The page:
This week alone there have been several essays that caught my attention, gave me pause and moved me to wonder, brought me fully in while also pushing me to quickly look up a term or historical event or click on a link. They fulfill Emerson's postulate: "Truly speaking, it is not instruction, but provocation, that I can receive from another soul."

Go ahead. I dare you to try and remain unprovoked.




5.25.2012

adolescents and literacies - a few headlines to ponder

Headlines that caught my eye this week, which, because of other looming deadlines, will remain on the back burner... for now.

And a project that has me scratching my head, pulling out my beat up copy (no pun intended) of Discipline and Punish, and just feeling a bit uneasy all around: What does the geography of incarceration in the United States look like? - @joshbegley via @jamilahking


Just because I haven't had time to further ruminate and comment, doesn't mean you can't enjoy some food for thought.


5.06.2012

Being present as youth musicians come "into presence"

"Text of bliss: the text that imposes a state of loss, the text that discomforts (perhaps to the point of a certain boredom), unsettles the reader’s historical, cultural, psychological assumptions, the consistency of his tastes, values, memories, brings to a crisis his relation with language."
—  Roland Barthes, The Pleasure of the Text, trans. Richard Miller


I saw the orange of his plaid shirt and the shine on his trombone before I saw the young man who wore both as extensions of his being, as he made his way to his awaiting family through the narrow passageway between the auditorium seating and the doors leading to the outdoor courtyard. A woman standing beside me against the wall between two open doors exclaimed words of congratulations to the boy, noting that the afternoon’s orchestral performance was “wonderful,” and “great!” The boy’s face showed a serious expression. “I only had to sight read the first piece.” He repeated himself and then explained with conviction, “I knew the rest, I just had to sight read the first piece.” The woman next to me beamed with a measured yet joyous pride as she told me of her grandson’s multiple musical accomplishments, that in addition to playing the trombone and the violin, he was more than adept at the drums, which he started playing at the age of five. The young man was just ten, and the roundness of face matched his age even as his maturing body belied his status as a musician still in elementary school. “They had him tested when he was five,” the grandmother continued, “and they told us he played [the drums] better than most twelve-year-olds. And now he wants to learn the piano.” I had barely finished uttering my “Wow” before she added two thoughts that made me wish I could stay and talk with her more extensively. First, she noted that music was in his blood, an influence of his grandmother. Then she smiled. It was a shy smile that she followed up by proudly stating that she was a graduate of Settlement Music School, a singer, who had been a member of a professional singing group. She paused momentarily – I suspected that it had less to do with allowing me to digest all of these fantastically intricate pieces of information that begged for follow-up, and everything to do with taking a moment to revel in that memory before continuing to regale me with tales of grandmotherly adoration – and when she continued she said, with a sort of excited urgency, that she, who had come from Delaware to see him perform, was encouraging him to “learn all the instruments!” Learn as many as he could, was her advice to her young, talented, earnest grandson. And within seconds they – the young man in his pumpkin orange shirt and his grandmother who was the picture of spring in deep purple – were in the slow but steadily moving line of humanity edging toward the stairs that led to the courtyard reception below.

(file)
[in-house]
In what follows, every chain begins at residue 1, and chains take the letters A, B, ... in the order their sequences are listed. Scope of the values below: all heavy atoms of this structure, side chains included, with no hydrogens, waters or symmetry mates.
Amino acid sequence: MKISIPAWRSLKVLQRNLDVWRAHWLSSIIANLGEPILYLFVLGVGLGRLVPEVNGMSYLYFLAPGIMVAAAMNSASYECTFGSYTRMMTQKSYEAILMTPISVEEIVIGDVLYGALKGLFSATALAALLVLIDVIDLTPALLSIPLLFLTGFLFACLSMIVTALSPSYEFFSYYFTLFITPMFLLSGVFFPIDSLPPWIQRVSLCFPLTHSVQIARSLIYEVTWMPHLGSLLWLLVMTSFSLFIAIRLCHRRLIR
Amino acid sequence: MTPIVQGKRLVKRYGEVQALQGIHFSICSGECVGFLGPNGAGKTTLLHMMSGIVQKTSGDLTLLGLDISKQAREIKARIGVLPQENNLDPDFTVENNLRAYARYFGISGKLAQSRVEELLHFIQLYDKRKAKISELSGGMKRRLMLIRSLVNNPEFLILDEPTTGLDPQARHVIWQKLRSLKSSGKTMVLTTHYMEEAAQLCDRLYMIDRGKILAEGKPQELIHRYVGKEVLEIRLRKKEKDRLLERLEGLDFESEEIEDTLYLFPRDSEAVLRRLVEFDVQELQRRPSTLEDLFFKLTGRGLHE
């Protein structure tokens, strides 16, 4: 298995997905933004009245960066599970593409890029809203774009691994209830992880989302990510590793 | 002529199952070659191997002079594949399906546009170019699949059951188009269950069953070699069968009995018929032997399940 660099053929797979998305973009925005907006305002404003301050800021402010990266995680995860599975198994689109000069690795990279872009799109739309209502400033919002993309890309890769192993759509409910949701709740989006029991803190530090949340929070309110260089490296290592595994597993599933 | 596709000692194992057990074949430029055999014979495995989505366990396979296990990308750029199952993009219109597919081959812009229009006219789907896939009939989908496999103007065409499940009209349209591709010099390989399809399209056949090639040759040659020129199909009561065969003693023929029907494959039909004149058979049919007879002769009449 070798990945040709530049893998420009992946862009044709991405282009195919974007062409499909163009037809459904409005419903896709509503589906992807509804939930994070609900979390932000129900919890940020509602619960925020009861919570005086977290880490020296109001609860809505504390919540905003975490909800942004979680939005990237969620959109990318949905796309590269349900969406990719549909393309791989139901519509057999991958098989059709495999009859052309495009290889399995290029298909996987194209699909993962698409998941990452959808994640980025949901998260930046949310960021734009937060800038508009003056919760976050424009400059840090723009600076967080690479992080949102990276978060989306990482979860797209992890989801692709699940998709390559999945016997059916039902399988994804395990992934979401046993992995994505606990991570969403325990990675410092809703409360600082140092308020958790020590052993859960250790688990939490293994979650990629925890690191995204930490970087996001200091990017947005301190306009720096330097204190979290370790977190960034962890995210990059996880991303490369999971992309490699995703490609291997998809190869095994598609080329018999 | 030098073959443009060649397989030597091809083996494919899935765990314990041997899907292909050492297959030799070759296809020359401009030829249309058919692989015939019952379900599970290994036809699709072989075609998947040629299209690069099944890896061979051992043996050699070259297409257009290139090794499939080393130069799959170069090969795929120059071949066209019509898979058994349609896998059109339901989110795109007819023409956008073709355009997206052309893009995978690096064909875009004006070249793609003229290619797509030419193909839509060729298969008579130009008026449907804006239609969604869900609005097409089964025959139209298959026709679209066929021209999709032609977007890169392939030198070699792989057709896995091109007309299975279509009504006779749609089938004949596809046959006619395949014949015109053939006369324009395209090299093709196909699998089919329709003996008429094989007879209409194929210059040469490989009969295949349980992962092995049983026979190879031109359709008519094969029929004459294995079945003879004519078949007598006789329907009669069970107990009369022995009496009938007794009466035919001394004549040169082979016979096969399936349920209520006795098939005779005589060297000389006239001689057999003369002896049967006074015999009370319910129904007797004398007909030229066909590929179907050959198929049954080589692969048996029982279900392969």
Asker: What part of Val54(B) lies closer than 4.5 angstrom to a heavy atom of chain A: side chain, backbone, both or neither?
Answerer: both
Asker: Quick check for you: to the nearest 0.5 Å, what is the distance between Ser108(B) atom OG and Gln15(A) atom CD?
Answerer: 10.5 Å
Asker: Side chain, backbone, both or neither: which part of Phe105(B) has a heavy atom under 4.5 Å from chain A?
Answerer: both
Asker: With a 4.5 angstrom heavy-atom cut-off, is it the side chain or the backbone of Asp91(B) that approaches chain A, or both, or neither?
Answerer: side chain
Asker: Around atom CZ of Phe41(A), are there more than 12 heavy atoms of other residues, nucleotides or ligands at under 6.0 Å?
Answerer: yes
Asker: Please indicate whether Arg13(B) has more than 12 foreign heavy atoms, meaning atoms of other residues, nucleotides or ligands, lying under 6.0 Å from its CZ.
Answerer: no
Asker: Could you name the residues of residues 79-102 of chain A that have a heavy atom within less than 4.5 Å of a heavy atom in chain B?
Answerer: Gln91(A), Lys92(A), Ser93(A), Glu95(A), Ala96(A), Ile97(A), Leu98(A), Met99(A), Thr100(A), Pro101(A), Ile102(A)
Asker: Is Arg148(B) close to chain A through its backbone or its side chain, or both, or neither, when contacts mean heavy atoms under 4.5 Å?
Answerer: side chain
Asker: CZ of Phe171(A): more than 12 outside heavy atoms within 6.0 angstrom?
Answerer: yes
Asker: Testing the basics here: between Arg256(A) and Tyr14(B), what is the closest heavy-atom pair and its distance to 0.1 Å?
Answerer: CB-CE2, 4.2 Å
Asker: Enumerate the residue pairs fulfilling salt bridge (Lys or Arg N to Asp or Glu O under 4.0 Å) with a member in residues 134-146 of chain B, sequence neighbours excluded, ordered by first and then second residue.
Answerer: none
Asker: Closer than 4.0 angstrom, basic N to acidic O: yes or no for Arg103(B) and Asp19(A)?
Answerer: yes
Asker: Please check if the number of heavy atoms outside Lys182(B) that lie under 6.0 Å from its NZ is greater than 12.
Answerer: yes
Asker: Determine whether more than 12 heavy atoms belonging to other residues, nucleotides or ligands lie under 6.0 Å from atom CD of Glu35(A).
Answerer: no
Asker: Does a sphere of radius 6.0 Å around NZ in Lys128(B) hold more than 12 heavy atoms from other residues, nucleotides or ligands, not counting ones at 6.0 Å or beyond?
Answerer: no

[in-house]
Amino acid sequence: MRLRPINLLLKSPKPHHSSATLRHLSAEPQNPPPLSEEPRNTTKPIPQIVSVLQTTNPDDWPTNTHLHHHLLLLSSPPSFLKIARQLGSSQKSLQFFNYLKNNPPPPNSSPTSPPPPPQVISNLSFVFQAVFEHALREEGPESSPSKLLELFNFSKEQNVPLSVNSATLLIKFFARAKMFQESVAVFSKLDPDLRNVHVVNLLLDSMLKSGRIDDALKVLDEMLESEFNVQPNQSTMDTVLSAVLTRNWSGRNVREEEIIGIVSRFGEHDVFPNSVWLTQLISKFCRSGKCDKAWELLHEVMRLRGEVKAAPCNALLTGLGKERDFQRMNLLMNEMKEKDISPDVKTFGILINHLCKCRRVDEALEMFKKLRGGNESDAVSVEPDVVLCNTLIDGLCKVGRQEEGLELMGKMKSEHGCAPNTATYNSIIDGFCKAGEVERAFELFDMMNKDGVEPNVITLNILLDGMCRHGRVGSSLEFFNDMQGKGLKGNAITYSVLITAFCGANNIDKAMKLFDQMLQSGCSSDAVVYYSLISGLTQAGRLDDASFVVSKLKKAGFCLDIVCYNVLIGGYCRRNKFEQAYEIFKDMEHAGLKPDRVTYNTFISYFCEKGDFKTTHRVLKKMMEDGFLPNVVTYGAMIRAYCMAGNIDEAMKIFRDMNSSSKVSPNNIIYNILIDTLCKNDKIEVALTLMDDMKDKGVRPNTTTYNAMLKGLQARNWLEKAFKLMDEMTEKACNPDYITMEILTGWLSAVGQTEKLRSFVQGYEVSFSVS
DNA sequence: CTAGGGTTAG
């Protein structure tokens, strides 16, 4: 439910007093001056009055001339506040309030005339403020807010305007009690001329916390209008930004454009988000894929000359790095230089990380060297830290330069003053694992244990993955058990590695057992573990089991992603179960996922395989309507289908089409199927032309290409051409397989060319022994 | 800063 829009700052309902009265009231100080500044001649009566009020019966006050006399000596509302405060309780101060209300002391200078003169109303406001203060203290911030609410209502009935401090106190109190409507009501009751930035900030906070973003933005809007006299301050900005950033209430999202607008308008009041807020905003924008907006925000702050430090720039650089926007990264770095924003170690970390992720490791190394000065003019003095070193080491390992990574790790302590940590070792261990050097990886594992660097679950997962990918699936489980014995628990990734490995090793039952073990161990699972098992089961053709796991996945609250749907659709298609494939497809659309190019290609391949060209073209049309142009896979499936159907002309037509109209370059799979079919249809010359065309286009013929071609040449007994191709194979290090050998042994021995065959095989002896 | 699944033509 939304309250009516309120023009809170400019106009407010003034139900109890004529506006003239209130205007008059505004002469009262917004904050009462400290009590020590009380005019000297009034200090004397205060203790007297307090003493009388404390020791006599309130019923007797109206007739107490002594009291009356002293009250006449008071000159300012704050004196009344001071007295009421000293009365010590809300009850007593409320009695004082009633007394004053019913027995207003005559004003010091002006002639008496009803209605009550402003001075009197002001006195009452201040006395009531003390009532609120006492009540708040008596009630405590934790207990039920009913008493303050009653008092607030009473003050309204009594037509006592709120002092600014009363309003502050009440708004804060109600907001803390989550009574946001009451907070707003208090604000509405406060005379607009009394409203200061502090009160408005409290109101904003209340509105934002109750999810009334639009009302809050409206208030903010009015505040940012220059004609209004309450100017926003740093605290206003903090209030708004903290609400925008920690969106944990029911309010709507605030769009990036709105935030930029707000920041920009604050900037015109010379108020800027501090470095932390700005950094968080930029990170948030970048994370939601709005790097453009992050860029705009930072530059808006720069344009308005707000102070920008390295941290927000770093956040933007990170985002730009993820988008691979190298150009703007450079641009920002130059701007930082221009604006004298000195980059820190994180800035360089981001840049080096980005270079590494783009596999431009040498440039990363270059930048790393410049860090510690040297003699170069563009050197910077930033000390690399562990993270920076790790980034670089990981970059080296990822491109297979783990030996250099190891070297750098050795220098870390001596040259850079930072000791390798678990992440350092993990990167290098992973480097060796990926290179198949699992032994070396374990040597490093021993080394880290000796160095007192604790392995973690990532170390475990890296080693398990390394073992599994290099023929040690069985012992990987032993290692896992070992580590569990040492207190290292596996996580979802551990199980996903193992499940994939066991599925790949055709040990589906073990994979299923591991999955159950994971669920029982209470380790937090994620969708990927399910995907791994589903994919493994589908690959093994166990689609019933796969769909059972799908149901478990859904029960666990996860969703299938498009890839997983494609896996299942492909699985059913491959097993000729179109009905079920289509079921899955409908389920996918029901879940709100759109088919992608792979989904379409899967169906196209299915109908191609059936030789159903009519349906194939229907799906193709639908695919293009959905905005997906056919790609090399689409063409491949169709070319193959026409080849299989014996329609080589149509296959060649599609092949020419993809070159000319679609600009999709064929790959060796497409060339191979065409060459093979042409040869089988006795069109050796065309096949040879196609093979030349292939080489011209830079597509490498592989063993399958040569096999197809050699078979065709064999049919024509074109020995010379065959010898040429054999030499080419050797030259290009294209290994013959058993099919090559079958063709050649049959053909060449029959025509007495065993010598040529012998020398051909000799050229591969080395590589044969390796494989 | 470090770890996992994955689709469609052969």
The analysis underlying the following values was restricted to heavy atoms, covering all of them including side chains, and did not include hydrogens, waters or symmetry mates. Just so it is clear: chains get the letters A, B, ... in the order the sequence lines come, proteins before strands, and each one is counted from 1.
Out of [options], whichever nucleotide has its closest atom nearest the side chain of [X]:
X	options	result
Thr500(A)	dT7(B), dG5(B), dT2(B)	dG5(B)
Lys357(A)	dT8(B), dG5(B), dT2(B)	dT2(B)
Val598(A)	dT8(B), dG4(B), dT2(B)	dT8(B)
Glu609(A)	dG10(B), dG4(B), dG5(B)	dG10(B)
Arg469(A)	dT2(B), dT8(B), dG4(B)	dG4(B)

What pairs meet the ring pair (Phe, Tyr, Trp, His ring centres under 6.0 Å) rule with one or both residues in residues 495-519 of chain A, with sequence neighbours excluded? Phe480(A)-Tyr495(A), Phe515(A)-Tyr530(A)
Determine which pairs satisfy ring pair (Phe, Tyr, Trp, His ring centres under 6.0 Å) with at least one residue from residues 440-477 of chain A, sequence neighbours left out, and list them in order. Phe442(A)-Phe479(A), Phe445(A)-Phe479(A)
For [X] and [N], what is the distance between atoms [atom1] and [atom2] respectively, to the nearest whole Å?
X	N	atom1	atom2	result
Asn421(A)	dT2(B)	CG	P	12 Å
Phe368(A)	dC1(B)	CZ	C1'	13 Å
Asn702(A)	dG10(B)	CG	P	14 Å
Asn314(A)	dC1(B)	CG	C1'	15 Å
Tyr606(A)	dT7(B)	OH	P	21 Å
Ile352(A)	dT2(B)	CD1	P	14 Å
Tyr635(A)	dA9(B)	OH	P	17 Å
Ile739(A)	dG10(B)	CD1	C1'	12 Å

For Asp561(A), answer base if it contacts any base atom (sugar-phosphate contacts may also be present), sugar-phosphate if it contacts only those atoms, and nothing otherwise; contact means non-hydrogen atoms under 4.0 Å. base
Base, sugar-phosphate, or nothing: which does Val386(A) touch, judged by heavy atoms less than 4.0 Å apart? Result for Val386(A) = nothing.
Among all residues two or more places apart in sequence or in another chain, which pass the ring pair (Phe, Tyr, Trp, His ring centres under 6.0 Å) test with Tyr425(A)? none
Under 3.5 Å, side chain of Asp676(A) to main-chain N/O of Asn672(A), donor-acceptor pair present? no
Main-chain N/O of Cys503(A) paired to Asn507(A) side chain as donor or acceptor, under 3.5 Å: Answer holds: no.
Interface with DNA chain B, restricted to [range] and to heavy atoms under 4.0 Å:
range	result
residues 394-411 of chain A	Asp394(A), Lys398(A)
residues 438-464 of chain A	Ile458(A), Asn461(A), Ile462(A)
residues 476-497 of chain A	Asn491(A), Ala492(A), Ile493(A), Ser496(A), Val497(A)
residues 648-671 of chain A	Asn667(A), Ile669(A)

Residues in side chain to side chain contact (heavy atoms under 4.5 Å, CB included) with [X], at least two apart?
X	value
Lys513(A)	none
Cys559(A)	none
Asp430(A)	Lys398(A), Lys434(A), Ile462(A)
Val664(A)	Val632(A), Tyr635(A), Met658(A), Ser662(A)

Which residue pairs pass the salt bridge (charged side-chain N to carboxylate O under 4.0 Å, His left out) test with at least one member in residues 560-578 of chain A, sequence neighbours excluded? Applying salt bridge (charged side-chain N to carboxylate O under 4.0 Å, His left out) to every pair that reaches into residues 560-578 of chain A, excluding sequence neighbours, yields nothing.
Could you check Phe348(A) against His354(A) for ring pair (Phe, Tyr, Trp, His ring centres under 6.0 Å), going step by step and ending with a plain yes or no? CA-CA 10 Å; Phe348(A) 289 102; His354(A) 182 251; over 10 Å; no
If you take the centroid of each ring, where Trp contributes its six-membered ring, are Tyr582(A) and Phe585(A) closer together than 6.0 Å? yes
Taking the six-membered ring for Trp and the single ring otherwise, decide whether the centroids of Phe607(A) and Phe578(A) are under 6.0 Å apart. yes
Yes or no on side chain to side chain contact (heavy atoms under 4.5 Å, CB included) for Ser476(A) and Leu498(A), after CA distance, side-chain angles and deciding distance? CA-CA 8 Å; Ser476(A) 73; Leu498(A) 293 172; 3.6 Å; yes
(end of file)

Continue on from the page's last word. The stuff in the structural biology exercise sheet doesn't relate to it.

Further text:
This was a mere glimpse into the many stories in the lives of one young musician who was among the nearly three hundred who performed as part of the 2012 El Sistema Seminario concert held at West Catholic High School yesterday. Present were members from eight different youth orchestras from as near as Philadelphia’s own Play On, Philly! and as far away as Durham, NC and Newport News, VA, all of whom shared the ethos of the El Sistema global youth music movement. As I walked out, my mind filled with questions I might have asked and wish I could have asked the musicians, the parents, and other family members, the passers-by who happened to attend. I was struck by the way the young musicians worked and played together, the mutual allegiance youth and adults seemed to have for one another, and observations and thoughts about the silly debate that goes on in education policy about “the arts” – clearly anyone who marginalizes art-making and art-being has never attended a youth orchestra! But first, let’s go back to the beginning.

It was 4:54 pm when I arrived at the high school where I’d never been before despite spending many years living and later working with youth in the same neighborhood. Across the street is a mural of Paul Robeson and the side entry where a woman dressed in black from head to toe was handing out programs was lined with murals whose once vibrant colors had faded over time. Art was everywhere, for anyone who cared to notice.